the reason I would use one analog pin would be to eliminate any difference in the analog inputs. (Though, I've never seen any).

SteveMann:
I would use a single analog input and four 12-port multiplexers to get 48 analog inputs. You would only need eight data pins, so the Uno would work. At least for code development.

the reason I would use one analog pin would be to eliminate any difference in the analog inputs. (Though, I’ve never seen any).

Using 4 would increase his through-put a bit but that may not be an issue.

I do see the potential of issues with noise ingress and ensuring that ground potentials over the entire system remain equal. That many sources suggests wide spatial distribution and lots of wires ripe for noise and ground loops.

Hi,
Welcome to the forum.

Please read the post at the start of any forum , entitled "How to use this Forum".
OR
http://forum.arduino.cc/index.php/topic,148850.0.html.

How often do you need to take your readings?
Do all the analog signals use the same gnd along with the controller.

Tom... :slight_smile:

super, looks like arduino fits the bill for what I need to do! I’m happy to see a couple responses so fast, a little disappointed that I didn’t get auto-emailed, but I may not have my preferences set right to tell me when somenoe replies to the thread I started.

I’m a mech engr / programmer but never dealt with microprocessors other than as a user, so struggling a bit with the unfamiliar vocab for electronics and microprocessing on the inside of the box. :wink:

My project is to build a simple battery BMS for my DIY EV. I have 48 cells in series, nominal voltage is 3.2v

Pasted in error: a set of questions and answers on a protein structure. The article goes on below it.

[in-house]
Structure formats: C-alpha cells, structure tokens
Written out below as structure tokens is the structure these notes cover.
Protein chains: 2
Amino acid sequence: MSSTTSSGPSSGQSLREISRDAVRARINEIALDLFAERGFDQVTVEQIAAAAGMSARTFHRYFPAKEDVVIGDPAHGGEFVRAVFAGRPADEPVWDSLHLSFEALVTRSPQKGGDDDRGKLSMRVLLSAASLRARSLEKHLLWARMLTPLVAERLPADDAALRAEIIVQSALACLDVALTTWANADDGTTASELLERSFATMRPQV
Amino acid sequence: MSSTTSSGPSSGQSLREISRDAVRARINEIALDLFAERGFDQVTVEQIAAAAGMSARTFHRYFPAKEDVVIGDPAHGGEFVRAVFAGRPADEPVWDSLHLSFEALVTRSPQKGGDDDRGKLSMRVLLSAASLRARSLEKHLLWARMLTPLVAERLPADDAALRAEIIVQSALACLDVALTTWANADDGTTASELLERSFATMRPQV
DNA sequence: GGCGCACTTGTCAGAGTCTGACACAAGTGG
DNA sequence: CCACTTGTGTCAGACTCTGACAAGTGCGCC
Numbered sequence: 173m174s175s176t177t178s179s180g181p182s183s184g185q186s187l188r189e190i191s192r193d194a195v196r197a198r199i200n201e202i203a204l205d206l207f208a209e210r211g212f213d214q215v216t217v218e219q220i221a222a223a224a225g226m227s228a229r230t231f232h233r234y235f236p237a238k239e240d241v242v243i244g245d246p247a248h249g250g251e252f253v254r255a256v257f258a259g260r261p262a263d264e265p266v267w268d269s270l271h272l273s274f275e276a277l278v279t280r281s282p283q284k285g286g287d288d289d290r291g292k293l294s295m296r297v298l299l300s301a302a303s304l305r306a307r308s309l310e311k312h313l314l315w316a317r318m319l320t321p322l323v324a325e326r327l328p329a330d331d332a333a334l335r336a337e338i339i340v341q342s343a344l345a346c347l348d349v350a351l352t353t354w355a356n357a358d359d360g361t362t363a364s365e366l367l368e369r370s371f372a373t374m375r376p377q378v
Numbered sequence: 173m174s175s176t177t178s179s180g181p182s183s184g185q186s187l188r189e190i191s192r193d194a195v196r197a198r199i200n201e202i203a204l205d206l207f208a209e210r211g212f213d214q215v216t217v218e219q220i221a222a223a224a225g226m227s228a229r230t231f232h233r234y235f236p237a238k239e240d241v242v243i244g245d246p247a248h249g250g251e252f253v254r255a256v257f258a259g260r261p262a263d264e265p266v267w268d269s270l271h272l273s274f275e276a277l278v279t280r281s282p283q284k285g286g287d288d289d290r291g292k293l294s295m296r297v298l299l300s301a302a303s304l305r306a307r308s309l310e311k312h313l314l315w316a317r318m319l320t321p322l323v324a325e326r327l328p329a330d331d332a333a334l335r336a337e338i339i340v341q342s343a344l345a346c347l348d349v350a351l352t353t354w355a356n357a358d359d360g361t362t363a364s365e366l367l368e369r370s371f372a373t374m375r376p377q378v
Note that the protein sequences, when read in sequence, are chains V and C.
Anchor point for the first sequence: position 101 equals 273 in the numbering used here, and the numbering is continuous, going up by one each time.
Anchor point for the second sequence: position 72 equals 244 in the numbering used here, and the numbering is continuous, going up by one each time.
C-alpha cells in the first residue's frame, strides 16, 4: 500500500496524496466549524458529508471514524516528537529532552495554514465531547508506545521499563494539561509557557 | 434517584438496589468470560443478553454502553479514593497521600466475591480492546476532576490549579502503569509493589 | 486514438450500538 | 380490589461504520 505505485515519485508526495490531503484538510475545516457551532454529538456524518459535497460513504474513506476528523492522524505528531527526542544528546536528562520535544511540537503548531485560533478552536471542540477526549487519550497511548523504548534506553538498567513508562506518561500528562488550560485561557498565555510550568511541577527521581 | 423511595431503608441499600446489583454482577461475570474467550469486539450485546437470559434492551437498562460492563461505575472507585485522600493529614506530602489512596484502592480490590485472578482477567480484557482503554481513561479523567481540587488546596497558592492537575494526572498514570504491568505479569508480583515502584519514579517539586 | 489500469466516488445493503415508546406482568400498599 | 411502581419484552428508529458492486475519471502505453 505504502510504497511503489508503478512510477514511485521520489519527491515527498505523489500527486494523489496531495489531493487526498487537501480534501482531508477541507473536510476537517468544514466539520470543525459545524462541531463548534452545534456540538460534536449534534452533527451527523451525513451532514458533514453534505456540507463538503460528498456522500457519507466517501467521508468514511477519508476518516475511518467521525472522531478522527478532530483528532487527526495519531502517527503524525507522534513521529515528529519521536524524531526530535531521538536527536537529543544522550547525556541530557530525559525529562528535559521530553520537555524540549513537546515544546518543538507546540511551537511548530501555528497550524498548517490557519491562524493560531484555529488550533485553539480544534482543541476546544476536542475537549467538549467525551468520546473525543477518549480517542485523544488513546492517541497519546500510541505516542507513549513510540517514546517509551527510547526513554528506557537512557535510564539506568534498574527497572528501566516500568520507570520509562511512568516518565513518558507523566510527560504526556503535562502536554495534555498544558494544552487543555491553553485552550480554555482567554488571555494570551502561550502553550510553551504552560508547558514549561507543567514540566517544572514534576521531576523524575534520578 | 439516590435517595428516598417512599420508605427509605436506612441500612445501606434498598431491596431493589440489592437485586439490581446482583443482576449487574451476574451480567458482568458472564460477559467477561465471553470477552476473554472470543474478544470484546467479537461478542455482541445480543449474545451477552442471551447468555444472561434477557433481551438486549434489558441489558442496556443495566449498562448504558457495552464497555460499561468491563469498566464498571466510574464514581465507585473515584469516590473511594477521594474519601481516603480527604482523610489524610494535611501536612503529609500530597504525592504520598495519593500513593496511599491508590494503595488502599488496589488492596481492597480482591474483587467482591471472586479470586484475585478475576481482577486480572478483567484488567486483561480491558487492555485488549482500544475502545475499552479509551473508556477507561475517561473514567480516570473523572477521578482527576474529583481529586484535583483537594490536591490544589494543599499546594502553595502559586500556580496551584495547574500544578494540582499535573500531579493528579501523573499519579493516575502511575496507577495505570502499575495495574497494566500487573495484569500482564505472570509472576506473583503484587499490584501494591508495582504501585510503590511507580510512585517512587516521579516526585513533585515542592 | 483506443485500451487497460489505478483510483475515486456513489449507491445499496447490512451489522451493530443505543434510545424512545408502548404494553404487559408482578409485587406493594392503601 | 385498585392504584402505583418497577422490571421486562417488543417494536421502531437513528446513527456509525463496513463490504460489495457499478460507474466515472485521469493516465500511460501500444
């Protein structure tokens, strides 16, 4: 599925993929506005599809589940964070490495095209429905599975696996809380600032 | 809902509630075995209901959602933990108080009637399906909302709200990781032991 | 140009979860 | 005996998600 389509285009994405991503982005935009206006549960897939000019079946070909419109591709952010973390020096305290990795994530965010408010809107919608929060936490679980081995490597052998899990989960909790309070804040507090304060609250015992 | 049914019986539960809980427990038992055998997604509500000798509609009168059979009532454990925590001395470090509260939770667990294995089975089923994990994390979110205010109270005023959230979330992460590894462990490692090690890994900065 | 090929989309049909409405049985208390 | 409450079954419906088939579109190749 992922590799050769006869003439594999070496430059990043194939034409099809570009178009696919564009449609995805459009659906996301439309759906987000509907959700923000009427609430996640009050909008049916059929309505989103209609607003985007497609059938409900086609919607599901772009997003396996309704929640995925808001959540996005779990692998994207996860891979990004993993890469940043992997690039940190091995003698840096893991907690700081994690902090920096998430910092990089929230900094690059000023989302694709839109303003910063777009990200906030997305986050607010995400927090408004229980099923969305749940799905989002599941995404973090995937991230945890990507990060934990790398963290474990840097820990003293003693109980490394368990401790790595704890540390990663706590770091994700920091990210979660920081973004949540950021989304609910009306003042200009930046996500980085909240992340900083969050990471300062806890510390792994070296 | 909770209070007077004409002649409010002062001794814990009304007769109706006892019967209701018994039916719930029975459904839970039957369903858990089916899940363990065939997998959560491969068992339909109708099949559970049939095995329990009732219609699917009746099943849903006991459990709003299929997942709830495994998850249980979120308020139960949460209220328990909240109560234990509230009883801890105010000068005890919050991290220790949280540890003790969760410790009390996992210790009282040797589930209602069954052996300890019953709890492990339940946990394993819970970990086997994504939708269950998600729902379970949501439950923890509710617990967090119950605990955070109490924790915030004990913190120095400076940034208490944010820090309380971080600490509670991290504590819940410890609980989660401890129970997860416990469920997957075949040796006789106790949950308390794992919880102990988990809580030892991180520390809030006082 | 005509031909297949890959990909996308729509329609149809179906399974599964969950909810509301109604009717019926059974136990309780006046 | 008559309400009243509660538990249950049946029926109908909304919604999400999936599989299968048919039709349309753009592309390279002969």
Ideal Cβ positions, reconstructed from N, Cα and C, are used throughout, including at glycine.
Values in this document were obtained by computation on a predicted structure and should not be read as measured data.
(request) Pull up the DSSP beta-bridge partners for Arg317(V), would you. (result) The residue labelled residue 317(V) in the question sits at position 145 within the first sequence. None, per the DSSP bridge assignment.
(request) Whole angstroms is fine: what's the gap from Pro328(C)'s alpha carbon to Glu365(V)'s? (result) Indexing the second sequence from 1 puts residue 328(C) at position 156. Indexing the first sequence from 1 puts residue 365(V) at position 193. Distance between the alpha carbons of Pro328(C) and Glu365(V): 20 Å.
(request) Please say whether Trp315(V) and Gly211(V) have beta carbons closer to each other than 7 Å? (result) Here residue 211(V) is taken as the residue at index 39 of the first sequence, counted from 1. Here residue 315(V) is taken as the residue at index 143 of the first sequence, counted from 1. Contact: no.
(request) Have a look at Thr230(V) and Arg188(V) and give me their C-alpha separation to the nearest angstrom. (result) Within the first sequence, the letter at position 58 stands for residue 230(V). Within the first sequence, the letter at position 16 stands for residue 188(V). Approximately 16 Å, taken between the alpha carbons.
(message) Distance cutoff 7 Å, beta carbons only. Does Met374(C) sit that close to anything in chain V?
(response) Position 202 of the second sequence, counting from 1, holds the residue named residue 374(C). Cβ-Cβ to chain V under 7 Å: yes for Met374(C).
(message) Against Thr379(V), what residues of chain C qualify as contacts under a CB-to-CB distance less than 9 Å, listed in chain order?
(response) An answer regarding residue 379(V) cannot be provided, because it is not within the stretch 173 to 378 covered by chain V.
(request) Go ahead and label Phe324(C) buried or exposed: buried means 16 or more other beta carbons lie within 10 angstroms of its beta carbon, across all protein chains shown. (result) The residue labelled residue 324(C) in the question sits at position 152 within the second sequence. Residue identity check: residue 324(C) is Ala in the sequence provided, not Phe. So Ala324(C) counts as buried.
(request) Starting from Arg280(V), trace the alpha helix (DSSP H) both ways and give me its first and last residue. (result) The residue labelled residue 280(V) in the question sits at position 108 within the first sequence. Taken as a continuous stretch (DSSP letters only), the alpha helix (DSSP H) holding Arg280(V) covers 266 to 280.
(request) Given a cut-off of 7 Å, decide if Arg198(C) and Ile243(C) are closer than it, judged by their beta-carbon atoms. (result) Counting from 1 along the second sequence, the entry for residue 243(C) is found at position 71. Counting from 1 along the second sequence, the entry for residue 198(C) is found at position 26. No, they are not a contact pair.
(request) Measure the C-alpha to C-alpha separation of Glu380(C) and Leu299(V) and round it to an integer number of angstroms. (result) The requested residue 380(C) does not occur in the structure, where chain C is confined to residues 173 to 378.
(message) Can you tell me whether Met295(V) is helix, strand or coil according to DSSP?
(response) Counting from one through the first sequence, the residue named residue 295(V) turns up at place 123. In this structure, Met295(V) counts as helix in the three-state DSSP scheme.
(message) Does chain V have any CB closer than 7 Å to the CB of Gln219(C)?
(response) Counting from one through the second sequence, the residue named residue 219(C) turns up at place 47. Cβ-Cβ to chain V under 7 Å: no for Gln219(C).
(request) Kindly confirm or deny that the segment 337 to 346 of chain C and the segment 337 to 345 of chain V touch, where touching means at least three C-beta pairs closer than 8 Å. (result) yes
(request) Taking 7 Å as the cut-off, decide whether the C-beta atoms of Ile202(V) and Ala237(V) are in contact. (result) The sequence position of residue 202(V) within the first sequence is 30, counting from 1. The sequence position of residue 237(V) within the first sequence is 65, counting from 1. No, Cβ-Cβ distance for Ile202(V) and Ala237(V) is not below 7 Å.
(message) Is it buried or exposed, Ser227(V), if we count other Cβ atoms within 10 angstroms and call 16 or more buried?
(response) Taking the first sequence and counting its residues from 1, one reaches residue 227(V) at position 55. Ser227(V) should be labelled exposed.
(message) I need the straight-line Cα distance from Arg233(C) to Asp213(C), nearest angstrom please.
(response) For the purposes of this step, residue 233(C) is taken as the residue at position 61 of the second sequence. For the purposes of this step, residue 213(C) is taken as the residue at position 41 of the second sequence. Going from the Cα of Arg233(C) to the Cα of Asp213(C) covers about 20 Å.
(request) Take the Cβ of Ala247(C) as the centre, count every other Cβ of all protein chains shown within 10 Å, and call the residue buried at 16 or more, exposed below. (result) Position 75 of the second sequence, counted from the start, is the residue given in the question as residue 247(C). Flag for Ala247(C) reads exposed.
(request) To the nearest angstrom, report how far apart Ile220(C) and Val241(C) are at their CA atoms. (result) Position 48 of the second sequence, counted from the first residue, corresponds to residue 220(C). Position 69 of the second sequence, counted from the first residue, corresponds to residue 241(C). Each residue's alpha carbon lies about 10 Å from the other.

I’d like to monitor all 48 cells, and notify if any cell drops below LV=2.0v, or exceeds HV=3.65v.
I have access to all cell terminals, so separate pairs +/- from each cell is easy, although pack is in series; 160vDC to motor controller.

I need to know which cell(s) go out of range, what the high/low was or at least flag the error, and be able to manually reset after cell has been manually balanced.

speed of cycling thru 48 channels is not important… 1 per second or faster would be acceptable
display could be a small LCD screen, or even 48 LED ‘idiot lights’ that only illuminate on error condition.

What I’ve boiled out of responses so far is:

It is useful to know that it sounds like my project is very doable… but being a newbie, I need to know what base kit(s) to buy, what tutorial books to read, and get your suggestions for the simplest possible display of error conditions. firing up a little red LED for over-voltage would be a fine start. :wink:

TomGeorge:
How often do you need to take your readings?
Do all the analog signals use the same gnd along with the controller.